Clemson's head football coach: program doesn't violate separation of church and state

Lauren Cooley
Reporter

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  • The Wisconsin-based Freedom From Religion Foundation complained that the university's football program promotes Christianity.
  • Coach Dabo Swinney says he has "recruited and coached players of many different faiths," and those "of any faith or no faith" are welcome.
  • Photo via Clemson's Facebook page.

    Dabo Swinney, Clemson University’s head football coach, denied yesterday that he has created an unconstitutional blend of church and state in his program.

    On April 10, the Freedom From Religion (FFRF) wrote a letter to Clemson University’s Senior Associate General Counsel accusing Swinney of showing “a preference for and an endorsement of Christian religion” while acting as a public employee.

    "I have recruited and coached players of many different faiths. Players of any faith or no faith at all are welcome in our program. All we require in the recruitment of any player is that he must be a great player at his position, meet the academic requirements, and have good character.”   

    Among other things, the letter complained that the Clemson football team and staff have used coach buses to attend church services and that team has attended breakfasts sponsored by the Fellowship of Christian Athletes (FCA), where Clemson athletes have testified about their faith.

    Clemson players have also reportedly been baptized on the football field amid practices, players commonly wear religious regalia during games or write messages of faith on athletic tape.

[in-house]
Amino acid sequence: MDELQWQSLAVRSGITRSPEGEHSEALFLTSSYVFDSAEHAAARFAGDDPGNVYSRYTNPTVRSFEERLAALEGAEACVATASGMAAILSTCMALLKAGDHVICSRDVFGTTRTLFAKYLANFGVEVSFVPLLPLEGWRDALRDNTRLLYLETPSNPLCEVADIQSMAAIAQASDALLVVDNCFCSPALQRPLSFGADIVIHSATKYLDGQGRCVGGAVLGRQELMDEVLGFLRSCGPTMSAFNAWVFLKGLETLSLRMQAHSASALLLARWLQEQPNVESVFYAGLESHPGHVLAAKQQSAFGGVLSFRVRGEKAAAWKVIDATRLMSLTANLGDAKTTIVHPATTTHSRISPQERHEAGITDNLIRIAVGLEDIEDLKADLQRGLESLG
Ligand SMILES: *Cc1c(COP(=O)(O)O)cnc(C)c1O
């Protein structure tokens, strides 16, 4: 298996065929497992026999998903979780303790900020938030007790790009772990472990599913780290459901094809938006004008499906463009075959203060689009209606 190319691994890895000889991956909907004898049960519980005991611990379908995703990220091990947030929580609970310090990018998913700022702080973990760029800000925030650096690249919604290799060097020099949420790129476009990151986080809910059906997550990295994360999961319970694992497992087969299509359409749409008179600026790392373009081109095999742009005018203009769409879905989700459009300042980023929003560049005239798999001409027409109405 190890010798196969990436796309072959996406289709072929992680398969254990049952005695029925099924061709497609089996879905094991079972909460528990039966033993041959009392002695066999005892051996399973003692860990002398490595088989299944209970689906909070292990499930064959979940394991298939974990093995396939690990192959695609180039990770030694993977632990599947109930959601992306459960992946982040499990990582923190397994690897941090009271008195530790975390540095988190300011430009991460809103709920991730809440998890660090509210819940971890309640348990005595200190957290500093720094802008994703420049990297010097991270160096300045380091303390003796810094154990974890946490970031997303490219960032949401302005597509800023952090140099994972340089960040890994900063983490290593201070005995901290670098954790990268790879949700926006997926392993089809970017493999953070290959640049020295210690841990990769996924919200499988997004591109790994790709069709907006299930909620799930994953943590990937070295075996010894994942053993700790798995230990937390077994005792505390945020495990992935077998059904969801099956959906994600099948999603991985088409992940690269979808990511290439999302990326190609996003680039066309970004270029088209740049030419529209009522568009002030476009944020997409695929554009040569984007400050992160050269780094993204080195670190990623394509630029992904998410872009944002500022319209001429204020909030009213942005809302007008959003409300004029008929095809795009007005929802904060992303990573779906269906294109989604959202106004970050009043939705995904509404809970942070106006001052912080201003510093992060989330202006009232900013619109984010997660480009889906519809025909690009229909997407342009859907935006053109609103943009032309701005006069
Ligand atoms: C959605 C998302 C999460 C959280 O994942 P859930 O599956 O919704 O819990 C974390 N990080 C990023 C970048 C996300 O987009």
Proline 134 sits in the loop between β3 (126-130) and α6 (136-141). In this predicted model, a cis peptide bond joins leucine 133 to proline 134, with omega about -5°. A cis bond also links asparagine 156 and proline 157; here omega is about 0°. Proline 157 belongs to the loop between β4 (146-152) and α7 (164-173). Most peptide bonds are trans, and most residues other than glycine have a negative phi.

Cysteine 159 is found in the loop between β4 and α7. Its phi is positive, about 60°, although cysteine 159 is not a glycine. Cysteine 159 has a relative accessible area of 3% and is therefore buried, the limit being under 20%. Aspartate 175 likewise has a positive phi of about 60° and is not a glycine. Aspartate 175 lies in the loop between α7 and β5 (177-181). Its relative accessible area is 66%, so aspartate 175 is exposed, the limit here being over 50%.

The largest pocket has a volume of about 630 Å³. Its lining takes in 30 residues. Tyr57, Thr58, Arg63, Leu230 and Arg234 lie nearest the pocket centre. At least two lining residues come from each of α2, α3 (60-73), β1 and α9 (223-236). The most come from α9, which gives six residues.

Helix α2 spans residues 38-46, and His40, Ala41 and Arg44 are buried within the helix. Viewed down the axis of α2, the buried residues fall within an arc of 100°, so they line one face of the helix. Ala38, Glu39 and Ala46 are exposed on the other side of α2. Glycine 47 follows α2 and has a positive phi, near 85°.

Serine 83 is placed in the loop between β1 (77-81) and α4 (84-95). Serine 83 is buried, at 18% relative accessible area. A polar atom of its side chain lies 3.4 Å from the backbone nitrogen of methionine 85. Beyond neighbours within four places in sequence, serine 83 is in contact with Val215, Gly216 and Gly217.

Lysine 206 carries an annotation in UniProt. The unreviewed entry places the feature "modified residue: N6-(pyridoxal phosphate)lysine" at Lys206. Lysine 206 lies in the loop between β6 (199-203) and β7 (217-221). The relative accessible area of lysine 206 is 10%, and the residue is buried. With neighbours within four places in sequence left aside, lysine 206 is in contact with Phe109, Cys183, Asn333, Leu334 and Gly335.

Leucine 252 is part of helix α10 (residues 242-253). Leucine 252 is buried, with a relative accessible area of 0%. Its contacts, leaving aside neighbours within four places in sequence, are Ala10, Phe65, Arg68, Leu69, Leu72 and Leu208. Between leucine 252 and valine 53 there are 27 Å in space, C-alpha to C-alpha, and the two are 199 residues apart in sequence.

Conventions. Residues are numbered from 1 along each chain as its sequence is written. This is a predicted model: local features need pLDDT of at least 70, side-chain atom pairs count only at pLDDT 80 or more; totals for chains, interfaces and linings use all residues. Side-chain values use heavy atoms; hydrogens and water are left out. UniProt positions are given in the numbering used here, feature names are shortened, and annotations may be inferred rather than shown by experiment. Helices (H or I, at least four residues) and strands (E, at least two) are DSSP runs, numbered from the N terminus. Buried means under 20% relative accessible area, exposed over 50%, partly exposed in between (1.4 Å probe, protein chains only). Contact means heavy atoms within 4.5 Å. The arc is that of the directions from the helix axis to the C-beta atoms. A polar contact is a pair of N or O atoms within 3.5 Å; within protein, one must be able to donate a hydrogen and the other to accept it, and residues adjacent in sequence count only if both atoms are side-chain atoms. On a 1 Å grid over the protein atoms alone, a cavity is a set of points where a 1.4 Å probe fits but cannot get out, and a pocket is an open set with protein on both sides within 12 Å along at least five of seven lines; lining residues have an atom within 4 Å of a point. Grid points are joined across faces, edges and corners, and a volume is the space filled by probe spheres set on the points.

FFRF claims that this culture is not founded by the student athletes, but rather by Coach Swinney, who has an eight year deal as head coach, worth over $27 million. According to FFRF, Swinney sought out James Trapp, who also serves as the FCA representative on campus, to serve as team chaplain, which FFRF interprets as a violation of the Establishment Clause.

    Swinney responded Wednesday in a statement released by the university.

    “We have three rules in our program that everybody must follow: (1) players must go to class, (2) they must give a good effort and (3) they must be good citizens. It is as simple as that,” Swinney said.

    “I have recruited and coached players of many different faiths. Players of any faith or no faith at all are welcome in our program. All we require in the recruitment of any player is that he must be a great player at his position, meet the academic requirements, and have good character.”

    A previous Clemson player agrees.

    “To me [Christianity] was never forced upon any player. You know I came to Clemson as a Christian and so that right there was not a big force for any kind. As I said in my statement, we have chaplain service just like we do in the NFL, its voluntary, it’s not mandatory,” former Clemson running back C.J. Spiller said last week on Fox News.

    It is unclear what Clemson University plans to do as a result of FFRF’s complaint, but Clemson did release a statement.

    “We believe the practices of the football staff regarding religion are compliant with the Constitution and appropriately accommodate differing religious views,” the university said in a written statement obtained by The State. “Participation in religious activities is purely voluntary, and there are no repercussions for students who decline to do so. We are not aware of any complaints from current or former student-athletes about feeling pressured or forced to participate in religious activities.”

    Follow the author of this article on Twitter: @laurenacooley

    Lauren Cooley

    Lauren Cooley

    Reporter

    Lauren Cooley is a reporter with Campus Reform. Previously, she has written for the Greenville JournalThe College Fix, and her college paper, The Paladin. She has also made numerous appearances on local and national talk radio programs, including The Mike Gallagher Show.

     

    Lauren is a graduate of Furman University with a B.A. in Political Science. She is the Florida Field Coordinator of Turning Point USA.

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